Sara emphasizes that there is need for conscietization to the society. This is a where the society have to be aware and their way of thinking on gender issues changed.
In 1990 she published the world renowned Longwe Frameworks for gender analysis. Throughout her involvement in gender activism, she understood that there are 5 elements for women empowerment in order to achieve gender equality. These are;
- Welfare – Pertains to level of material welfare of women, relative to men, with respect to food supply, income and medical care, without reference to whether women are themselves the active creators and producers of their material needs
- Mobilization – Pertains to women’s equal participation in the decision-making process, policy-making, planning and administration. In development projects, it includes involvement in needs assessment, project design, implementation and evaluation.
- Access – Pertains to Equality of access, which is obtained by securing equality of opportunity through legal reform to remove discriminatory provisions.
- Control – Using the participation of women in the decision making process to achieve balance of control between men and women over the factors of production, without one in a position of dominance.
- Conscietization – Pertains to an understanding of the difference between sex roles and gender roles and the belief that gender relations and the gender division of labour should be fair and agreeable to both sides, and not based on the domination of one over the other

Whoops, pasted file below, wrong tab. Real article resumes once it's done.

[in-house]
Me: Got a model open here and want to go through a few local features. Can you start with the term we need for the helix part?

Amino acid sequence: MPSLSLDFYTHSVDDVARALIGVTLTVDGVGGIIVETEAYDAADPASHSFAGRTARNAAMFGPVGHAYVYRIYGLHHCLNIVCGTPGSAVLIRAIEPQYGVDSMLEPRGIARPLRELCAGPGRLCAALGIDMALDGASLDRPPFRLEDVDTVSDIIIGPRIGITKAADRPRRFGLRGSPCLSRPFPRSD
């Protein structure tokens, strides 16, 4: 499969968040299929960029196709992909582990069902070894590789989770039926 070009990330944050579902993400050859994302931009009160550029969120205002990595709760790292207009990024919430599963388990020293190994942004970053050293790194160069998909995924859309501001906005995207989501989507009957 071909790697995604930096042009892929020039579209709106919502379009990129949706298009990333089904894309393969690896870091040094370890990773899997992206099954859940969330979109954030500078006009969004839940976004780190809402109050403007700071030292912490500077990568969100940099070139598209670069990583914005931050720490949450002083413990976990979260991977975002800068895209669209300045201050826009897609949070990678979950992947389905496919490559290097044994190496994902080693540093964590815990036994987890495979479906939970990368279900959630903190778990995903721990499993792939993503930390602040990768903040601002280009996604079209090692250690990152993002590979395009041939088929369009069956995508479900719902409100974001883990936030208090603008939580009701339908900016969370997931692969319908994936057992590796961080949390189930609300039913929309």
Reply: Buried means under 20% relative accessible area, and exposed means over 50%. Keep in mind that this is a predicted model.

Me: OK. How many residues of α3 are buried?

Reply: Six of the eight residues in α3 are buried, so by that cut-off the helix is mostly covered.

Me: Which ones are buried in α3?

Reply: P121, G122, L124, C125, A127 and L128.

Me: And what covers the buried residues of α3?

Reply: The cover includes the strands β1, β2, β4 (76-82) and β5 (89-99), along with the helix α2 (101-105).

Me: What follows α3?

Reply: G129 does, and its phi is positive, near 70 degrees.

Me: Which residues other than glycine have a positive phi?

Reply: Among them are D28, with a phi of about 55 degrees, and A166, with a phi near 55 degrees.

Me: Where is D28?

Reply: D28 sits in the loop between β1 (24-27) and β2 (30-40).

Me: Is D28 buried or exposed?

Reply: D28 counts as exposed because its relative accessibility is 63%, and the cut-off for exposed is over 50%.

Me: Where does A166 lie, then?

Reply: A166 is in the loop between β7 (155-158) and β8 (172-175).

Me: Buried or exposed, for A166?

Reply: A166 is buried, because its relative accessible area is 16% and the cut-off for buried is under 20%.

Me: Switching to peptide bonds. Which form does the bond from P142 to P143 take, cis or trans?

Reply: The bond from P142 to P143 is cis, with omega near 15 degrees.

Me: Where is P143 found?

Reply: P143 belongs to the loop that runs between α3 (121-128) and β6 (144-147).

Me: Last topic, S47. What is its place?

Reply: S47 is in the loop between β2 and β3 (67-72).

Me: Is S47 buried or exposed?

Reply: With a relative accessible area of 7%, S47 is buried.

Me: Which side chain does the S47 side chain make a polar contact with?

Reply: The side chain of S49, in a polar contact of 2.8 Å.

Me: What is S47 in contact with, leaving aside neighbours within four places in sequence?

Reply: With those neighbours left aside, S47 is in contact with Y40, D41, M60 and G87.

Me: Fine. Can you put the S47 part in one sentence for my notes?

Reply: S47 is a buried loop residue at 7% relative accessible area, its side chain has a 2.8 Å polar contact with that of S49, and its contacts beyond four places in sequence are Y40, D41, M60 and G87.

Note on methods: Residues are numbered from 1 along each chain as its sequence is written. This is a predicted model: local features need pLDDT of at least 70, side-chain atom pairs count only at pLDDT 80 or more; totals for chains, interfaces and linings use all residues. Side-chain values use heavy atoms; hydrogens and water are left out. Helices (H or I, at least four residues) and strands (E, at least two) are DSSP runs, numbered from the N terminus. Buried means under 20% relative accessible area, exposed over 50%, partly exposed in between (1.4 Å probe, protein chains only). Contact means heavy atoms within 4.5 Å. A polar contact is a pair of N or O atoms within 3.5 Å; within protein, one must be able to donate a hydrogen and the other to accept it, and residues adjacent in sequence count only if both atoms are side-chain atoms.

These frameworks have been adopted by the Oxford Manual and UNICEF gender training manual. Many leading universities in the world teach them in gender studies courses.
Still the war for fighting for womens rights is far from over; in year 2011 Sara intended to join politics to champion womens rights unfortunately she was not adopted by the Patriotic Front Party which was the leading party during the elections. It is this experience that revealed to her just how patriarchy is entrenched in African politics. “Men in leadership don’t want to work with free thinking women who are independent and not easy to manipulate.” Sara says. In fact she was termed a ‘rebel’, because she doesn’t conform to the norms.
She notes with a lot of concern that sometimes women movements in Africa have a wrong approach in their activism. For instance we tend to concentrate on women MP’s and not councilors, yet councilors play a vital role in sensitization and mobilization at the grassroots level. Activists need to concentrate on both.
The society should be conscientized and every opportunity used to fight gender discrimination. She advises that Kenyan women need to fight in a collective way. Fighting together achieves bigger milestones for women from all walks of life.
What keeps her going
Sara’s sharp consciousness on inequality in our African society keeps her going. She says as an activist you need to keep people uncomfortable, question the norms and keep fighting. Its about challenging the ‘norms’ and getting results. There is so much she would want to see change and battle is far from won.
She is inspired and proud of her husband Roy Clarke and their four children who are also involved in gender activism.